University of North Carolina at Asheville
Computer Science Graduates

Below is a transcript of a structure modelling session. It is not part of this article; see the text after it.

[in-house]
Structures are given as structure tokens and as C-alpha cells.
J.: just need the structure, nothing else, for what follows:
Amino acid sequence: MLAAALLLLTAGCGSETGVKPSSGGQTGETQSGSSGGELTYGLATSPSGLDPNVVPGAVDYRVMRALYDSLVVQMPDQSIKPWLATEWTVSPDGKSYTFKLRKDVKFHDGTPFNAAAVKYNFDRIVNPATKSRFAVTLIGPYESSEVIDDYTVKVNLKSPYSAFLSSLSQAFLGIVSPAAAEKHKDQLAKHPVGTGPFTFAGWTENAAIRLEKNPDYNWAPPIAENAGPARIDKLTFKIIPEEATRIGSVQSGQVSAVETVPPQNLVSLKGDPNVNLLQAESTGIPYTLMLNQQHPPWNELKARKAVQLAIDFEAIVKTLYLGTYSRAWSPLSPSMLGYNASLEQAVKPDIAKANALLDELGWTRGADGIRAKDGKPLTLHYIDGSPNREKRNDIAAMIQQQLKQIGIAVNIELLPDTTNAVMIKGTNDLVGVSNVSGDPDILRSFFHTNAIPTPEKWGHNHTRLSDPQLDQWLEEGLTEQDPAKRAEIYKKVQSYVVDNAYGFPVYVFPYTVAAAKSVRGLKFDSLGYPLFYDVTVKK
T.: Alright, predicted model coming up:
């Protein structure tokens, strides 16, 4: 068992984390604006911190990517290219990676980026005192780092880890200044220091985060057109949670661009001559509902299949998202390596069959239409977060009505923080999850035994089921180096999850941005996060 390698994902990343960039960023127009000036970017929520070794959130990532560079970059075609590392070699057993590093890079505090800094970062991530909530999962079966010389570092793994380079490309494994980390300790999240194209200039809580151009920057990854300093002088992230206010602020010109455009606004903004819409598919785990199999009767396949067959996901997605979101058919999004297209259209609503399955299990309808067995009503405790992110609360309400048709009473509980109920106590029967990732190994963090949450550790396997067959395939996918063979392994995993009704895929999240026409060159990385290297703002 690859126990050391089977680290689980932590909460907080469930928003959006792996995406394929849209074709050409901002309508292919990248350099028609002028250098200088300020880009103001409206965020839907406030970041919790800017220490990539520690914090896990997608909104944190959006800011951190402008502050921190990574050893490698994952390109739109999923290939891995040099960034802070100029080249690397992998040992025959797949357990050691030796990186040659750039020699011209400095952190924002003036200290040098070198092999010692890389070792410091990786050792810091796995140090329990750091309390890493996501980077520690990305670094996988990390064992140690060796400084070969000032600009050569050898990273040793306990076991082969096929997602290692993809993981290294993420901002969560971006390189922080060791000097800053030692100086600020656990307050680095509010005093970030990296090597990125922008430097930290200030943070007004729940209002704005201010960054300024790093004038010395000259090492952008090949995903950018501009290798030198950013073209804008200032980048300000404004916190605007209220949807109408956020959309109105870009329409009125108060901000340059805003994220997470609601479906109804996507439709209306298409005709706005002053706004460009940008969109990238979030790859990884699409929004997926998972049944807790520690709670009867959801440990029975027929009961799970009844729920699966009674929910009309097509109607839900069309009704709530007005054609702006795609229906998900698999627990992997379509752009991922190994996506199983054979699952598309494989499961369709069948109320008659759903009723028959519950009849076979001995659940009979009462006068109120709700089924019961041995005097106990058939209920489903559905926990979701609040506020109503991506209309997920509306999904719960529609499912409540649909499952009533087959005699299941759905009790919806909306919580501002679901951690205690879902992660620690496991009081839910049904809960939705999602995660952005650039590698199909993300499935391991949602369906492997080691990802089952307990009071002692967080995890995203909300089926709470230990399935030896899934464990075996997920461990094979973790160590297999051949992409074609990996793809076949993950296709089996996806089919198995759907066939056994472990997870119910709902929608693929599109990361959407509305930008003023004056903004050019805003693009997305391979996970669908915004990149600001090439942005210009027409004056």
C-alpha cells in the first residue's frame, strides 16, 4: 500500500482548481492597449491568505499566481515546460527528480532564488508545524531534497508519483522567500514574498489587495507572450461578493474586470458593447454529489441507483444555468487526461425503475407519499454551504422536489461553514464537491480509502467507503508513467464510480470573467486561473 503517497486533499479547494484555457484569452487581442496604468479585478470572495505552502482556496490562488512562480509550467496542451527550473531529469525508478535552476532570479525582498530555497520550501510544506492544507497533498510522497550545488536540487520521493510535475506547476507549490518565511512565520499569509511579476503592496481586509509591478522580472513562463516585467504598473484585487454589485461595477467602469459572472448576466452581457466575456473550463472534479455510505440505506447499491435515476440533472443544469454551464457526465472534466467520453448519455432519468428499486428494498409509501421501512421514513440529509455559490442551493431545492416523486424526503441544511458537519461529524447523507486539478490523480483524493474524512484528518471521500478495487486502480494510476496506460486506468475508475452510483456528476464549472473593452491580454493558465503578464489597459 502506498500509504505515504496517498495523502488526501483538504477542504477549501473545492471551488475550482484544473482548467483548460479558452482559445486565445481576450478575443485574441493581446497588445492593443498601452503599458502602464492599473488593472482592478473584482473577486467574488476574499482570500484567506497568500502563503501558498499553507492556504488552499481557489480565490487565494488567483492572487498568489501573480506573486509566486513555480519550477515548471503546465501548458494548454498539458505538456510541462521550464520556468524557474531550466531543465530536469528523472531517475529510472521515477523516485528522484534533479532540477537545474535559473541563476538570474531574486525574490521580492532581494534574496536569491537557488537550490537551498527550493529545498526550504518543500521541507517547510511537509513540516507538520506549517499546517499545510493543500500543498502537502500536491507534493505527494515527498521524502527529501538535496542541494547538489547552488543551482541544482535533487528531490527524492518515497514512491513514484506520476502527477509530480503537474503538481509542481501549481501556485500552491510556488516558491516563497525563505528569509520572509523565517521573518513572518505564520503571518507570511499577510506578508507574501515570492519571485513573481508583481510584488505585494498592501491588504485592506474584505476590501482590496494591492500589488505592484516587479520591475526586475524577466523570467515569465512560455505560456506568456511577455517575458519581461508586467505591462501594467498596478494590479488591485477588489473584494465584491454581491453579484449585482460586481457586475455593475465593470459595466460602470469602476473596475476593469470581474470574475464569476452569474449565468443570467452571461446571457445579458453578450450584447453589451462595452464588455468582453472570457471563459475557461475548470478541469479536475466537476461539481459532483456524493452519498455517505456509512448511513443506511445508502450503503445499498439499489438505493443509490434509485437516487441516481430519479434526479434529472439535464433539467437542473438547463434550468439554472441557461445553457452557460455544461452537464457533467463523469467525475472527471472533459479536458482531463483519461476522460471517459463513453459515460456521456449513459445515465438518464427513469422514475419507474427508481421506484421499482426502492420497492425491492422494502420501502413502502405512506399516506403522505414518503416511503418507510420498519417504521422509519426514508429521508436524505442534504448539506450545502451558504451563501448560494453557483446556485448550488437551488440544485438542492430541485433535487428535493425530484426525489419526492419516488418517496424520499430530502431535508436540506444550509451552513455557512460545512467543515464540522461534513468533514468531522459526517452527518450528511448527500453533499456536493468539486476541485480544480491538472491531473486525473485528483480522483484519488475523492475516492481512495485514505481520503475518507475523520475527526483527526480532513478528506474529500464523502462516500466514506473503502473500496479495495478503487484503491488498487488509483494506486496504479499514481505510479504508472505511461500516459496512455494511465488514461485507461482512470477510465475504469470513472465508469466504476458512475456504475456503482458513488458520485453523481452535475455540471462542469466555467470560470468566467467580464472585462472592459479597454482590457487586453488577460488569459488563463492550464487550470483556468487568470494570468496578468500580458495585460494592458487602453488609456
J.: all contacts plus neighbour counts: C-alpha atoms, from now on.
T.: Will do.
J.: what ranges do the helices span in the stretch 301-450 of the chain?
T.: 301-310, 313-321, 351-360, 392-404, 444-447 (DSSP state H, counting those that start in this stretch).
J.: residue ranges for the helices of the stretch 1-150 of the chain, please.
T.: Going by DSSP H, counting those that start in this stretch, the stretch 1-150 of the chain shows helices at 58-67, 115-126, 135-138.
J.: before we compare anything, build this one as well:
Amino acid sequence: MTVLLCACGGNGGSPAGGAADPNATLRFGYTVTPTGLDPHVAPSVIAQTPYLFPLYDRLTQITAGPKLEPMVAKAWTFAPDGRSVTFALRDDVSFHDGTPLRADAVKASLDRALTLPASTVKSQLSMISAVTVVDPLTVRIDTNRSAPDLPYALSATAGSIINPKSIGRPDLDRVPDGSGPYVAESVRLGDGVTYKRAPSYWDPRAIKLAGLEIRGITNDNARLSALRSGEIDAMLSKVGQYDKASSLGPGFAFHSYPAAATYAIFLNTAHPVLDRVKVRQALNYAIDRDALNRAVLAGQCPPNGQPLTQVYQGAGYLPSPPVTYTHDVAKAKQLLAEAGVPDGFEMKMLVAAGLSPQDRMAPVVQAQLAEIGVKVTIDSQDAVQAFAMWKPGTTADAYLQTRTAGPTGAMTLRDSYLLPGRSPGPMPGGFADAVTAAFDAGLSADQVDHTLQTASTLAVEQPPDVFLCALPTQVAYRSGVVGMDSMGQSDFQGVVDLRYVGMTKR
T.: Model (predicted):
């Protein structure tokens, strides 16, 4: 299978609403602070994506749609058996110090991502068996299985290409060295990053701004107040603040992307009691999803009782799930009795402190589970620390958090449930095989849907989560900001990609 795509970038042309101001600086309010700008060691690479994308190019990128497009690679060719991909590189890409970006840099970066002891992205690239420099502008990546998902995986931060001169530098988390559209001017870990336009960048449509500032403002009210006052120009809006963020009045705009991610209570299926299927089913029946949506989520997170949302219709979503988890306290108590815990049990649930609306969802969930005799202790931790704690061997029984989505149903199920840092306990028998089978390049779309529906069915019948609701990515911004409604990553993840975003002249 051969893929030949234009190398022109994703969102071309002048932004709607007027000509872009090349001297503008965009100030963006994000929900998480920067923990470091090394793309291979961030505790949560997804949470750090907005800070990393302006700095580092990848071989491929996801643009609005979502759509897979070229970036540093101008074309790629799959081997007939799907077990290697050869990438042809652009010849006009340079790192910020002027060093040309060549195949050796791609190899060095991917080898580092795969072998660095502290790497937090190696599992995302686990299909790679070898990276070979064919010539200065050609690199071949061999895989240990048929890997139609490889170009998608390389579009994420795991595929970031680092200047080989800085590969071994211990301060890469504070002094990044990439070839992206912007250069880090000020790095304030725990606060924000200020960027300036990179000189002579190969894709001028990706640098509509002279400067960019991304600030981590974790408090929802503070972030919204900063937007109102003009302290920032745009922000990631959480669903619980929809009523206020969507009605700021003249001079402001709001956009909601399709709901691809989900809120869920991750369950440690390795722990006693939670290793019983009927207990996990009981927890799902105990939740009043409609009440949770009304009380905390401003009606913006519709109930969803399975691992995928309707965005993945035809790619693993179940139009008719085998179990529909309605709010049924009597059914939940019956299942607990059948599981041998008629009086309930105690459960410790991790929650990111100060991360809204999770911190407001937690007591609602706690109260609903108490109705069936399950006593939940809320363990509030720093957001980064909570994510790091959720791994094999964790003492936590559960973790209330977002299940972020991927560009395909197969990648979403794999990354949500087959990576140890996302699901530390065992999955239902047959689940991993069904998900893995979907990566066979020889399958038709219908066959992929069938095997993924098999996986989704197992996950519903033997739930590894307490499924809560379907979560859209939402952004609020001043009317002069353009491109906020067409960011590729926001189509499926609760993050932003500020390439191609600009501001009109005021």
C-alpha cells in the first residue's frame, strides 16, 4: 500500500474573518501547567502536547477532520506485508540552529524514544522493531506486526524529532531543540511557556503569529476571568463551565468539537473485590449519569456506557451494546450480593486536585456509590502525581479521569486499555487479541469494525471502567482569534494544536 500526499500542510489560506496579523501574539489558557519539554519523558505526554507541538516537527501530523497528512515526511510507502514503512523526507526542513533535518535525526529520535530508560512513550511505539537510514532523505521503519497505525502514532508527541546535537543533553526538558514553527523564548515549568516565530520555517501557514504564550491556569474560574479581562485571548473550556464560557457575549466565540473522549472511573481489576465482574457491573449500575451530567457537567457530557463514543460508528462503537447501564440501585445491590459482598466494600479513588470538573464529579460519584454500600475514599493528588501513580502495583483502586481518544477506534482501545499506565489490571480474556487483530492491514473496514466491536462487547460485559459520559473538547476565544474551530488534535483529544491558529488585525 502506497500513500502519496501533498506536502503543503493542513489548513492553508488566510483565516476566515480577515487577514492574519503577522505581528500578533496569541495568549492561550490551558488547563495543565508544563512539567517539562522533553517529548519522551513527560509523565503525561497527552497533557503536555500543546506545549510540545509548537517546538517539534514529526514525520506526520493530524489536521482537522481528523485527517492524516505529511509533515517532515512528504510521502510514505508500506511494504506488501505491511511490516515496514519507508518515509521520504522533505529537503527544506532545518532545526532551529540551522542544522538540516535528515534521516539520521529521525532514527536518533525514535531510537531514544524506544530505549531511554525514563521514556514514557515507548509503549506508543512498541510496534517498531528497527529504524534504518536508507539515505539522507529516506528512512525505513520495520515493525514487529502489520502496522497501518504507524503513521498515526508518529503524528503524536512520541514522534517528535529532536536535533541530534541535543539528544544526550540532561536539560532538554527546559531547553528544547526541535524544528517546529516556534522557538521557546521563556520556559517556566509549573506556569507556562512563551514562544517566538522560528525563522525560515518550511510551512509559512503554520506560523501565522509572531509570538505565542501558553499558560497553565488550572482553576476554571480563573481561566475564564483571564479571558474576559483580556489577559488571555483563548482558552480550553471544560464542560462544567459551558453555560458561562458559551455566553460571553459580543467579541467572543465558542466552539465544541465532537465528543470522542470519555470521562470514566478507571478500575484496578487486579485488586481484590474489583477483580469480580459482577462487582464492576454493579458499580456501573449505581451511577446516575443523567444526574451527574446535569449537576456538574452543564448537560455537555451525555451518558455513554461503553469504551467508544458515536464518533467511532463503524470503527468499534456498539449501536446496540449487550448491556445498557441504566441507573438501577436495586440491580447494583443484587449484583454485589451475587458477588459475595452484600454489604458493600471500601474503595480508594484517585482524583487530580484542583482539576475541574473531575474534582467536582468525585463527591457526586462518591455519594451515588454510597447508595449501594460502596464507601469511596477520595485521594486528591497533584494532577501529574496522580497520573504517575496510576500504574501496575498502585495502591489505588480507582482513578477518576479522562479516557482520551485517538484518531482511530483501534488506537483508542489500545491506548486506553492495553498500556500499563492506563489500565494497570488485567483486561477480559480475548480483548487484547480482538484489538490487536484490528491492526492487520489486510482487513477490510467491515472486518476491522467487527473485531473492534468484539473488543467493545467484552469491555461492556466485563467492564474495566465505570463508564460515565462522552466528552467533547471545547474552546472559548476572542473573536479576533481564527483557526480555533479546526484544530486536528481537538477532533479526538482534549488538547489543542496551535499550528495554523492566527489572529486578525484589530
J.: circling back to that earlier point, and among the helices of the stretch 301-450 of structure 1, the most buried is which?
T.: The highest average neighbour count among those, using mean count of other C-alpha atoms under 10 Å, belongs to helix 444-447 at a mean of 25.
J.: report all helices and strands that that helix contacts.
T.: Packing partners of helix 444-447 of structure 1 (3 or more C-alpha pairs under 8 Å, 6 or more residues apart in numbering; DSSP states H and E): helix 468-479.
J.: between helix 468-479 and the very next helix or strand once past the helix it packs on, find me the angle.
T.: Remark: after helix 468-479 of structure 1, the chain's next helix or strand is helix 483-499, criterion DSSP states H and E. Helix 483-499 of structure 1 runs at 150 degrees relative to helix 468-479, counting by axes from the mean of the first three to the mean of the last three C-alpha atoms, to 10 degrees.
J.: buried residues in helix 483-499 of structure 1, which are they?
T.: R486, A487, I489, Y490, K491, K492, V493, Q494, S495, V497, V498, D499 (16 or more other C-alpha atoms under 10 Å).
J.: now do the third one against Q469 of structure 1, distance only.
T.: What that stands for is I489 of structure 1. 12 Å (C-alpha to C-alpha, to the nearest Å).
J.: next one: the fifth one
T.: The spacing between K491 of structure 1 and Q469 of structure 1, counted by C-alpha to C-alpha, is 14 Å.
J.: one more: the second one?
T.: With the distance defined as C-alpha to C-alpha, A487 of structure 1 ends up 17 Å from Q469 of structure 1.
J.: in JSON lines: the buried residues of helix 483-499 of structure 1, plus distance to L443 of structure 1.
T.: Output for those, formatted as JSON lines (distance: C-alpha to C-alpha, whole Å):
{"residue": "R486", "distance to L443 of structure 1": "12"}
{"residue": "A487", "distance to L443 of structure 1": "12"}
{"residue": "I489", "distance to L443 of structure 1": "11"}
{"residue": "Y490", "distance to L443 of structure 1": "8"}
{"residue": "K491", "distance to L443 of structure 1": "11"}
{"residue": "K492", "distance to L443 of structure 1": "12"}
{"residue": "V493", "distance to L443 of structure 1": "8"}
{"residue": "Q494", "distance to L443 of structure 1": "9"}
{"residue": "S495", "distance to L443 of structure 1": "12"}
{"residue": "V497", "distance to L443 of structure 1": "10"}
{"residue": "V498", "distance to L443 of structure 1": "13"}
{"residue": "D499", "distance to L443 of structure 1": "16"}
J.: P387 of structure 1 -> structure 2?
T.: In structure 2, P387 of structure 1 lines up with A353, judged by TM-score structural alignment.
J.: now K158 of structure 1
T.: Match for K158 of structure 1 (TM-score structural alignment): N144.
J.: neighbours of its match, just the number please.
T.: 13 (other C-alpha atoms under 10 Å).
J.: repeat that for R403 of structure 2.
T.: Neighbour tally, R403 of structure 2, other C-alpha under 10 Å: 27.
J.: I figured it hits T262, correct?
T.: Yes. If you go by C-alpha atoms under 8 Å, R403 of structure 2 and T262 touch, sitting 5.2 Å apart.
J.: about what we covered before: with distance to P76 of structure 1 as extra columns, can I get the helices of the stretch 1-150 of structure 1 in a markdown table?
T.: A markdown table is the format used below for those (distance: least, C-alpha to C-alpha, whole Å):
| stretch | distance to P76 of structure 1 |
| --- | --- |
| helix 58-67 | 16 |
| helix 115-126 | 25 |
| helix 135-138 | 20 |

1997 Grads</b></center> <p> <b> Adam D. Bradley (Computer Systems)<br> Graduate Student<br> Boston University<br></b><p> <l>Currently, I'm receiving a University Graduate Fellowship which pays my tuition + a stipend for my first year so I have freedom to investigate the department's ongoing research.<p> Starting this summer, I will be a Research Assistant for the "Commonwealth Server Project" (, investigating issues surrounding building a distributed web server with the desirable qualities of reliability, redundancy, high utilization and throughput, and utilizing existing off-the-counter physical hardware in conjunction with novel and mainstream software components. My personal project at present can be described on two levels... at the higher level, I am developing a POSIX-threaded web server that will allow us to investigate application-protocol-level queuing, request collection, and related issues. Within the context of that project, I'm developing a module that implements a statistics-gathering HTTP proxy; this proxy version of the server will be used in all the computer-science labs to help us gather statistics about real patterns of WWW utilization and viewing patterns. (The project is now almost in good working order; I know better than to call it "finished", as we all know software is *never* finished...)<p> About half of the department is focused on systems and applications, and this allows a lot of room for people like myself who are fundamentally hackers rather than theorists. What's more, research group meetings are always rewarding, because the theory-oriented and implementation-oriented members of the group are constantly bumping heads and keeping each other in check. Even then, the networking topics we're covering are far from canonical, so there's plenty of room within those camps for disagreement.<p> I cannot overstate the value of the liberal arts education I received at UNCA; in a field as dynamic and rapidly-changing as computer science, it is vital that we have an understanding not only of the main principles of our own field, but of the principles governing the world that we interact with; if we truly are entering into an "information age", then we must be aware of the cultural and civil forces shaping our technology, but also of the social ramifications of implementing the technologies we study and develop.<p> The Computer Systems track did an excellent job preparing me for my graduate work. The department's top-notch computer resources afforded an excellent environment in which to explore current fields in systems and programming, and the faculty were consistently available and willing to offer technical and theoretical assistance. Classes offered an excellent balance between current applications and issues and the theory and concepts underlying them, but didn't demand so much time as to preclude personal in-depth exploration of those topics.<p> I'm particularly thankful for the willingness of the faculty to encourage my explorations (and exploits), and their ability to point me towards rich sources of information rather than just giving flat answers to specific problems.<p></l> <center><b>1996 Grads</b></center><p> <b> Jake Millspaugh (Computer Systems)<br> Systems Engineer<br> Sun Microsystems Inc.<br></b> jake.millspaugh@East.Sun.Com<p> <l>I give pre-sales technical support for all of Sun's products (hardware and software) to a variety of customers. I primarily work with the State Government.<p> I really enjoy being around the leading edge technology that Sun produces. I have probably become spoiled when it comes to new hardware and software. I also like the variety in my job, it's not the same old work day in and day out. I may work on several different projects in a couple of days, or I may work on the same thing for a week straight. I especially like working for Sun as a company. The corporate culture follows a "work hard play hard" type creed. Scott McNealy, Sun's CEO, has said time and time again "kick butt, and have fun." Sun takes good care of it's employees and makes sure that everyone follows Scott's motto.<p> I wouldn't have this job if not for UNCA. UNCA CSci gave me a huge background on which to build almost any computer related career. It has certainly helped me here at Sun, not just technically but mentally. UNCA's "small school" atmosphere promotes close interaction with students and faculty, as well as working with other people in teams or groups. I have found that, in particular, to be very helpful in the transition from school to a work environment. In general, UNCA and UNCA's CSci department was a key component in my career now, and my career growth in the future.<p></l> <center><b>1995 Grads</b></center><p> <b> Vicki Tziavelis (Information Systems)<br> Applications Programmer<br> UNCA Computer Center<br></b><p> <l>I work for Administrative Computing Services at the UNCA Computer Center. My main responsibilities include analytical and programming support for UNCA's Student Information System (SIS) with special emphasis on web applications, the admissions module, and several side systems that have been developed at UNCA. I also provide support, consultation and troubleshooting for SIS users and serve as campus webmaster.<p> I like the fact that something different is always going on, whether that be system upgrades, or user questions that I have to figure out. I enjoy the challenge of working directly with users in educating them and answering their questions. I also enjoy working in an educational environment such as UNCA (really!) because I'm always in an atmosphere of learning.<p> The most significant thing that going through the UNCA CSCI program taught me was probably the fact that I had to learn how to always learn. Since this field changes so quickly, you have to always work at not "falling behind the times".<p></l> <center><b>1994 Grads</b></center><p> <b>Christopher E. Justice (Computer Systems)<br> Product Manager, Data Warehouse Solutions<br> PLATINUM Technology, Inc.<br></b><br><p> <l>As a Product Manager, my primary focus is the success of various data warehouse products and consulting services for the Data Warehousing division of PLATINUM technology, inc. Therefore, I am involved with the marketing, business development, software development, technical support, and the consulting services provided for various products within the division. My position also requires that I develop strategies for integrating data warehousing products with other PLATINUM software and other third-party software products.<p> The position allows me to be an integral part of the entire software development life cycle. I also have the opportunity to "get my hands dirty" and write my own software applications for use with our products. I particularly enjoy the external communication with third-party software vendors, and building new relationships with existing and potential customers. Finally, my position allows me the freedom to make decisions, and I feel personally responsible for the success of the software which I manage.<p> Many times during my university education, I felt as if much of the course material was not relevant to what I might be doing when I graduated. However, I have discovered that I have had the opportunity to apply almost every computer science course I had taken while attending UNCA. I still refer to many of the text books required for my computer science classes. The personal attention given to me during my studies by each of the professors in the Computer Science department has shaped me into the person I am today.<p></l> <b> Scott McMahan<br> System Developer<br> SoftBase Systems<br></b><br><br><p> <l>I work for a small company, SoftBase Systems, and do a lot of stuff! My main job is developing client/server products. My current project is a checkpoint/restart utility called Client/Server Checkpoint. It's currently written in C, but we're porting the checkpoint/restart paradigm to a new object oriented framework. We're going to implement it in Java and C++. Working in Java on a serious project was a lot of fun.<p> My current work has two aspects I particularly like. First, I get a lot of experience in many different areas. For example, our company sells mainframe programming tools, and I've learned a lot about MVS in the years I've been here. I also get to evaluate and recommend my own development tools (since I'm the main client/server programmer here), so I get experience with a lot of new and cutting edge tools. Second, I work for a small company and wear many hats. I run the network, develop software, etc. It's not boring. There's always something interesting and fun. We're also a fast moving company which pounces on new opportunities. It's never the same old same old.<p> In addition to my work at Softbase, I do a little web programming on the side for SK Web Construction. In return, they've given me some room to put up web pages on their server. I've put up just about everything I could think of at my site. Shareware and free programs, my Cyber Reviews book reviews, poems, artwork, music, you name it. It's a playground where I can be creative and really test the limits of what you can do on the web.<p> I have also gotten an article published in the December 1997 issue of Windows Developer's Journal, fulfilling a lifelong dream of becoming a published author.<p> What I liked most about UNCA was the unrestricted access to the UNIX workstations, the Internet, etc. For someone who enjoyed learning on his own, it was a perfect environment to explore things of interest. I don't know if any other school would have the same combination of a small, informal CS department with big-time equipment.<p> Allowing me to do a lot of independent learning has helped me in my current job, too. That's all I do! Since I've graduated, I've had to learn one new technology after another: Delphi, Java, DB2 Universal Database, Windows NT, etc. I have to constantly try to stay on top of new technology. The single most important quality a computer professional can have is an unstoppable drive to learn as much as possible as quickly as possible.<p> The importance of the humanities studies at UNCA for computer science majors can't be underestimated. The people who design our computers often have no appreciation of the human condition, and live in an insulated ivory tower (or machine room) out of touch with the impact technology has on human lives. Without an appreciation for what it means to be human and an understanding that it is our job as the people who are creating the future to make the human condition better, you will not have a direction for your career in computer science.<p></l> <center><b>1991 Grads</b></center><p> <b> Steve Fleming (Information Systems)<br> Webmaster<br> National Climatic Data Center<br></b><br><p> <l>I maintain the website for the National Climatic Data Center, Asheville, NC. I like what I do because it's at the forefront of what is happening in the world.<p> I found UNCA to be an excellent education at a livable price. The course work was challenging but rewarding. The instructors were outstanding and the curriculum prepared me for the challenges I face today. I would recommend it to anyone.<p></l> <center><b>1990 Grads</b></center><p> <b> Janet Schroeder Shearon (Computer Systems)<br> Business Analyst<br> Sonopress, Inc.<br></b><p> <l>Sonopress is converting its manufacturing systems to SAP with a project deadline of Jan. 1999. I am working on the Financial team, managing all the configuration, reporting and scripting for the AP, AR and GL areas. Other responsibilities include configuring and coding any/all EDI, timekeeping and current Financial software needs for Sonopress. Myself and a part-time contractor support our two AS/400's along with all the peripherals, including a 25 station Radio Frequency Network.<p> There are two reasons UNC-A is fond to me.... 1) It gave me the opportunity to get an education in which I can support myself and 2) It gave me the opportunity to meet my husband!<p></l> <center><b>1986 Grads</b></center><p> <b> Kathy Hawkins (Information Systems)<br> Computer Scientist<br> National Climatic Data Center<br></b><p> <l>I do system analysis and design. I enjoy development of new systems. My job allows me to move from one project to another during the analysis and development stages. It is rewarding to work on a project for two to three years and participate in successful installations.<p> My years at UNC-A were an exciting, stressful time in my life. Working full-time and attending college part-time presented continuous challenges. The environment at UNC-A promoted a sense of "belonging" for both resident and commuter students. My Computer Science classes were time-consuming and difficult, but the professors and students were cohesive; promoting a learning environment that was enjoyable. I don't really look back at my college years as the "good old days," but they were an important time of learning and growing in my life.<p></l> </body> </html>